looping or not, can be made 
    +optional using the `pattern.optional()` method. For a state named `start`, the following
are valid quantifiers:
    + 
    + <div class="codetabs" markdown="1">
    + <div data-lang="java" markdown="1">
    + {% highlight java %}
    + // expecting 4 occurrences
    + start.times(4);
    +  
    + // expecting 0 or 4 occurrences
    + start.times(4).optional();
    + 
    + // expecting 1 or more occurrences
    + start.oneOrMore();
    +   
    + // expecting 0 or more occurrences
    + start.oneOrMore().optional();
    + {% endhighlight %}
    + </div>
    + 
    + <div data-lang="scala" markdown="1">
    + {% highlight scala %}
    + // expecting 4 occurrences
    + start.times(4)
    +   
    + // expecting 0 or 4 occurrences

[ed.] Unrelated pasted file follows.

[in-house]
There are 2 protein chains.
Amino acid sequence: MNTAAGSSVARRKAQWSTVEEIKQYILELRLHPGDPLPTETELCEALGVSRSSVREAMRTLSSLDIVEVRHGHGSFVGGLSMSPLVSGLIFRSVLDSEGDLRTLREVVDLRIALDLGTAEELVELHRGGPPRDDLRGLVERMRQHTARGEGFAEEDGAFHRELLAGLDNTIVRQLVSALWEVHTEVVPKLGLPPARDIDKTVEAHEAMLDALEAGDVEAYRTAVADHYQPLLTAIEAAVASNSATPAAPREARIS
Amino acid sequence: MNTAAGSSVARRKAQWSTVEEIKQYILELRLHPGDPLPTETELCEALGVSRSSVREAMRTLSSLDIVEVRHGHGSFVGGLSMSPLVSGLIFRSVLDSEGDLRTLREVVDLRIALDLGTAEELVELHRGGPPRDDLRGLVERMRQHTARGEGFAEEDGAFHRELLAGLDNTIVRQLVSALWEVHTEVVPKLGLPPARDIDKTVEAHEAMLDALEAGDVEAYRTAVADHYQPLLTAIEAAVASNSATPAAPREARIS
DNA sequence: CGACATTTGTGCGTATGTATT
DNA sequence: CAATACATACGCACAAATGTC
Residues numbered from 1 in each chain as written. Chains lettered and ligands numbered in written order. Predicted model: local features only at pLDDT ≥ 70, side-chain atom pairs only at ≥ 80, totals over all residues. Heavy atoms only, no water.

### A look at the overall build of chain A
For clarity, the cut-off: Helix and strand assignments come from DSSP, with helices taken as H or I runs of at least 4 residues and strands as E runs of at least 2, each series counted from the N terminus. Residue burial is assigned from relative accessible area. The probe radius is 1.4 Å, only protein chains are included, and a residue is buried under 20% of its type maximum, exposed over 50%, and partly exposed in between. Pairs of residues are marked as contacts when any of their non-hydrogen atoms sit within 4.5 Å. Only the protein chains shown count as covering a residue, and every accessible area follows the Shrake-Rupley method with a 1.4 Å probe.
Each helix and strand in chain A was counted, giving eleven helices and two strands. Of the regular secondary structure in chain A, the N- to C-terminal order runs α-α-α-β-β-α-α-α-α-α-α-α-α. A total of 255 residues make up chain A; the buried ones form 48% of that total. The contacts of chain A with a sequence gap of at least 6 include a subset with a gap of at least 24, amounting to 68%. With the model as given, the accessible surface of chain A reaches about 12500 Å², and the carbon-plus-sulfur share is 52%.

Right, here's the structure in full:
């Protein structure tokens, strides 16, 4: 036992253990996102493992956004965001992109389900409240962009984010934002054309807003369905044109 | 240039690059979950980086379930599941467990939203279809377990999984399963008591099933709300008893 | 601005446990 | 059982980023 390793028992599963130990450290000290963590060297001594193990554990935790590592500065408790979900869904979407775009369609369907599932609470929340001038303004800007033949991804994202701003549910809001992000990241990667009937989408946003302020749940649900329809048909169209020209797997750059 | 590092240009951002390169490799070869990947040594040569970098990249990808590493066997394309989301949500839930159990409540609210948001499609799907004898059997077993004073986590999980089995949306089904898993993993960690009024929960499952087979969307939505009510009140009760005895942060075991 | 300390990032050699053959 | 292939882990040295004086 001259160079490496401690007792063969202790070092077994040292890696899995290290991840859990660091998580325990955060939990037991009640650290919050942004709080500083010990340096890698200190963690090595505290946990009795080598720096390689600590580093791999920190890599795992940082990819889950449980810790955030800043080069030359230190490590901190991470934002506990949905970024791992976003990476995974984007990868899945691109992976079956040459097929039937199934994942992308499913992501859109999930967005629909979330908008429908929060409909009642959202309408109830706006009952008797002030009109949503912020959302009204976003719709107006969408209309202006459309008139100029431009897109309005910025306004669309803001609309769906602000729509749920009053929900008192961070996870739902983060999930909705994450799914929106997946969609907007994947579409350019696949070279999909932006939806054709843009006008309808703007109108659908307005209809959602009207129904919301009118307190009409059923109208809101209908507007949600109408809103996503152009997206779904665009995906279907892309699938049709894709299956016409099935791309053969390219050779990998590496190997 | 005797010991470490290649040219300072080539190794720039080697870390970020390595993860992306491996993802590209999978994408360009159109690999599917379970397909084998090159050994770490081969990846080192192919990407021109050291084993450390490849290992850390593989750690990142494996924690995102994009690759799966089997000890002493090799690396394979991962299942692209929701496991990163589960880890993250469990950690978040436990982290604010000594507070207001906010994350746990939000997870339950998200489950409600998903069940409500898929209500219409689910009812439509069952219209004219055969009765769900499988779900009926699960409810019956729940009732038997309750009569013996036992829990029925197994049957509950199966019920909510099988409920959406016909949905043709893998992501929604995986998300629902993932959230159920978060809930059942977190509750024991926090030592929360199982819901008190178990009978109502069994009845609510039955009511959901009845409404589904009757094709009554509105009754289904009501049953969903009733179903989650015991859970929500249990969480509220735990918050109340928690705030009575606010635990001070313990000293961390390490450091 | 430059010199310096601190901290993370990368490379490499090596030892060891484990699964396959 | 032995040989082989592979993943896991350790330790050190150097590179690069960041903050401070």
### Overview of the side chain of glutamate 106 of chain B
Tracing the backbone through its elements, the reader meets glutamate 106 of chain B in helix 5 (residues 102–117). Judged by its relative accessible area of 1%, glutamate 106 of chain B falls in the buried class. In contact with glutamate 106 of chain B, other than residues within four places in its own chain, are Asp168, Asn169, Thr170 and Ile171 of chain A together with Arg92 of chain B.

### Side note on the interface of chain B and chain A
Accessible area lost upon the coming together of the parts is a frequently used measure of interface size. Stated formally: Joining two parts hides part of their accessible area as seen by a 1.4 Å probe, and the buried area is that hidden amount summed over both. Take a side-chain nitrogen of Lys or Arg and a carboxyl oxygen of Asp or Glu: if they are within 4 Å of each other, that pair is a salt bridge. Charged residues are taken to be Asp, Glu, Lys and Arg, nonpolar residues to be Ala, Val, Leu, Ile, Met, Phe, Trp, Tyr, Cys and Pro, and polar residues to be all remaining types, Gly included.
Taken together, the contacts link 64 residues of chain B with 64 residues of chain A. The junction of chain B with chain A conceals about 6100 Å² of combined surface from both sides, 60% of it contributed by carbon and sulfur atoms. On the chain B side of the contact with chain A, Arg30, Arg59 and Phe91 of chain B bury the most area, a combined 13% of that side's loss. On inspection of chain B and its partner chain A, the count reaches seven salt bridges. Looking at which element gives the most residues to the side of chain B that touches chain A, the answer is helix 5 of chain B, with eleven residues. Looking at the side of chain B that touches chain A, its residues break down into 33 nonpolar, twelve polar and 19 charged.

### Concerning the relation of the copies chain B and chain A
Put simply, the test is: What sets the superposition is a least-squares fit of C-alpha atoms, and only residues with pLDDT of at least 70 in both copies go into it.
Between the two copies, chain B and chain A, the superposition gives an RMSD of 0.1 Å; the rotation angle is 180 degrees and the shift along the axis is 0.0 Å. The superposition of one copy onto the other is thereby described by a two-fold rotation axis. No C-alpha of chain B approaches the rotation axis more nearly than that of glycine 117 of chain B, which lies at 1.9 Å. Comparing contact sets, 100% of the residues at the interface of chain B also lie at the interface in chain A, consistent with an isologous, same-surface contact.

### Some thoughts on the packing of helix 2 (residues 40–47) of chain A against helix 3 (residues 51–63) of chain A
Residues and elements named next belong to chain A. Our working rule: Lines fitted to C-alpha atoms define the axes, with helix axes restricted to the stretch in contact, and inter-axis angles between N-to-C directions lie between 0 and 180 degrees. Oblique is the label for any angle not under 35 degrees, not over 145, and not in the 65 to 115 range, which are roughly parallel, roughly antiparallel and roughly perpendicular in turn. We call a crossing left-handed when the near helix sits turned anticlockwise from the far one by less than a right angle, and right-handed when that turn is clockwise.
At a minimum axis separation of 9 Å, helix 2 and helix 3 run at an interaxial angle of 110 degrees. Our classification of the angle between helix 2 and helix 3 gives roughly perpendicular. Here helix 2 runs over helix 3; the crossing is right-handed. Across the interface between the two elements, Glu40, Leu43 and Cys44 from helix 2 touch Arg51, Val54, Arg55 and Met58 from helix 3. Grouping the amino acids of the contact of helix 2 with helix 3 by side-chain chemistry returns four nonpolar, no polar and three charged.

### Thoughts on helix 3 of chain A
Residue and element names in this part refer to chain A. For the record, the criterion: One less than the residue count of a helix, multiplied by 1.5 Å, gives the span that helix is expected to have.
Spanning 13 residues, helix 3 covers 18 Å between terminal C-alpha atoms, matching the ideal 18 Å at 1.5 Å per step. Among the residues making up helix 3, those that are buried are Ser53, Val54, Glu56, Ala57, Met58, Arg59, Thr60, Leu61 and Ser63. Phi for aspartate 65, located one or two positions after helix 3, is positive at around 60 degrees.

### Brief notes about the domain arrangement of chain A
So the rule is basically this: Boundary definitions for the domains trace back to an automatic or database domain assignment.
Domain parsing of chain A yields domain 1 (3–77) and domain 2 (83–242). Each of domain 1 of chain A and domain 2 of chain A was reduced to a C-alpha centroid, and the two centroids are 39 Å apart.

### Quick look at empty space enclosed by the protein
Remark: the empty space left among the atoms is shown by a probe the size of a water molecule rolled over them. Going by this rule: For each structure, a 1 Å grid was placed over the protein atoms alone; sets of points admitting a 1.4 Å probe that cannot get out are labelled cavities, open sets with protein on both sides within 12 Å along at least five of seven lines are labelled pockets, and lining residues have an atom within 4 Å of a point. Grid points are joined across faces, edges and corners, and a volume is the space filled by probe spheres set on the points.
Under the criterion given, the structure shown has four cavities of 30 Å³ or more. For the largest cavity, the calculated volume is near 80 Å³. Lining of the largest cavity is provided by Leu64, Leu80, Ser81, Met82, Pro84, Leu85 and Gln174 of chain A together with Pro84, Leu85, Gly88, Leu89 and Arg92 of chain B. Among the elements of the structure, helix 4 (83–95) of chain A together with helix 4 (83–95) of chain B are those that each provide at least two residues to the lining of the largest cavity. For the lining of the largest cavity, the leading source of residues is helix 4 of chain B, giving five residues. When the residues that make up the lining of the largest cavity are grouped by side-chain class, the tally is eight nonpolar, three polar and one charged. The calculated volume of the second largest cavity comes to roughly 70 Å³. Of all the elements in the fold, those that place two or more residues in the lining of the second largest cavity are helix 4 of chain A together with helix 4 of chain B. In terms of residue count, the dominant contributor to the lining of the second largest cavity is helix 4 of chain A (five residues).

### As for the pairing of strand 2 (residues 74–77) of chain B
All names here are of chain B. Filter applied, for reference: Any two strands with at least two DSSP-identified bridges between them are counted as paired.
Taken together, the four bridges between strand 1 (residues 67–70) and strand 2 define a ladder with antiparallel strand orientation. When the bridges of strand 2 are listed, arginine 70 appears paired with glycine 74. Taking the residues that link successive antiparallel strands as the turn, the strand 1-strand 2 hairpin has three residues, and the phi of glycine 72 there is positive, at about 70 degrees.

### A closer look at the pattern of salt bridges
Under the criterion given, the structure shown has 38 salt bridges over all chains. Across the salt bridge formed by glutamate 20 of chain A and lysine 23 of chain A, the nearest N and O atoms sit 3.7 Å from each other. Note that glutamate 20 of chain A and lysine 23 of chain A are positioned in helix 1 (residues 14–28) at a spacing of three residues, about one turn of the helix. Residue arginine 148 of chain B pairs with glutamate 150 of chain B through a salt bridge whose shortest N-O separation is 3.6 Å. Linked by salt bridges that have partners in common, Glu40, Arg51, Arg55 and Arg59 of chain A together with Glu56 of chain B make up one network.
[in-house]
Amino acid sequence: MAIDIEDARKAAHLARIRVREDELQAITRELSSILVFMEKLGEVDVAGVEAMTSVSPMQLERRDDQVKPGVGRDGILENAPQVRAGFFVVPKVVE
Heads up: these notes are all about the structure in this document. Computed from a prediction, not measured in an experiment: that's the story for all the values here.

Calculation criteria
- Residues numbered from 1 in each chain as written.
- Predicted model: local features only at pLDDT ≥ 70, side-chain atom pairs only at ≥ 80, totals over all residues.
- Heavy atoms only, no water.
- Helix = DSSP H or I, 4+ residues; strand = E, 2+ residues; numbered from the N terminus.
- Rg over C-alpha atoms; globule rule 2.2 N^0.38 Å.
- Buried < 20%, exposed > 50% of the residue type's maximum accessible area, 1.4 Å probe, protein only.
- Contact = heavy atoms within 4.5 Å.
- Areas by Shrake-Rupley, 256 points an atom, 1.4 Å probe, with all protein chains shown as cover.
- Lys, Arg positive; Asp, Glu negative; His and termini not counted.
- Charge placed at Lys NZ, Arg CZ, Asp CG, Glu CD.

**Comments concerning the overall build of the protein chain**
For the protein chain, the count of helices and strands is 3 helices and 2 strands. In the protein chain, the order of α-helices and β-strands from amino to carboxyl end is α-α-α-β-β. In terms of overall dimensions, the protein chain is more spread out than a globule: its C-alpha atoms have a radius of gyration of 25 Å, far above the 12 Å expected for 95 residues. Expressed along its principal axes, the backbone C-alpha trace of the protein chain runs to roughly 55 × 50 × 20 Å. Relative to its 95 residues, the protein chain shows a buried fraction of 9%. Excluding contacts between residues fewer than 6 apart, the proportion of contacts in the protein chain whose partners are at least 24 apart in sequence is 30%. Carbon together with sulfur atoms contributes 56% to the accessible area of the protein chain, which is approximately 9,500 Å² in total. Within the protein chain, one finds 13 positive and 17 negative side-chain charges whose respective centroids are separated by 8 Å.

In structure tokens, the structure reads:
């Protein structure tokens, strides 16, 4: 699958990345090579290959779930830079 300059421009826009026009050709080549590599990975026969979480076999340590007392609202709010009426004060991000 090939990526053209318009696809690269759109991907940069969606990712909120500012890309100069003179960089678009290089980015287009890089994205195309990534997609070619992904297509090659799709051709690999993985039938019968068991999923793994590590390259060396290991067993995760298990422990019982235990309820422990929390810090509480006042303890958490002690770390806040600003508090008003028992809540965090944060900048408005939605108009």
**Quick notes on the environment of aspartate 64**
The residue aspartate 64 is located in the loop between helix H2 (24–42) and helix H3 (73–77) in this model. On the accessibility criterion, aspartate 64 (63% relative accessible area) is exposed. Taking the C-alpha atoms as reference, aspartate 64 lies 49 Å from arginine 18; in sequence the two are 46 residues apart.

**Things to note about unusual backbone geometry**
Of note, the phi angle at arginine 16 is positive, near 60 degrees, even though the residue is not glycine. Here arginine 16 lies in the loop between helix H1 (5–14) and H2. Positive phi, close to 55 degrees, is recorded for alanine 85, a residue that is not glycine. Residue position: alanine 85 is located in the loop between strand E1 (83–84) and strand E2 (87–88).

+ start.times(4).optional()
    +  
    + // expecting 1 or more occurrences
    + start.oneOrMore()
    +    
    + // expecting 0 or more occurrences
    + start.oneOrMore().optional()
    + {% endhighlight %}
    + </div>
    + </div>
    +
    +#### Conditions
    +
    +At every state, and in order to go from one state to the next, you can specify additional
**conditions**. 
    +These conditions can be related to:
    + 
    + 1. a [property of the incoming event](#conditions-on-properties), e.g. its value should
be larger than 5, 
    + or larger than the average value of the previously accepted events.
    +
    + 2. the [contiguity of the matching events](#conditions-on-contiguity), e.g. detect pattern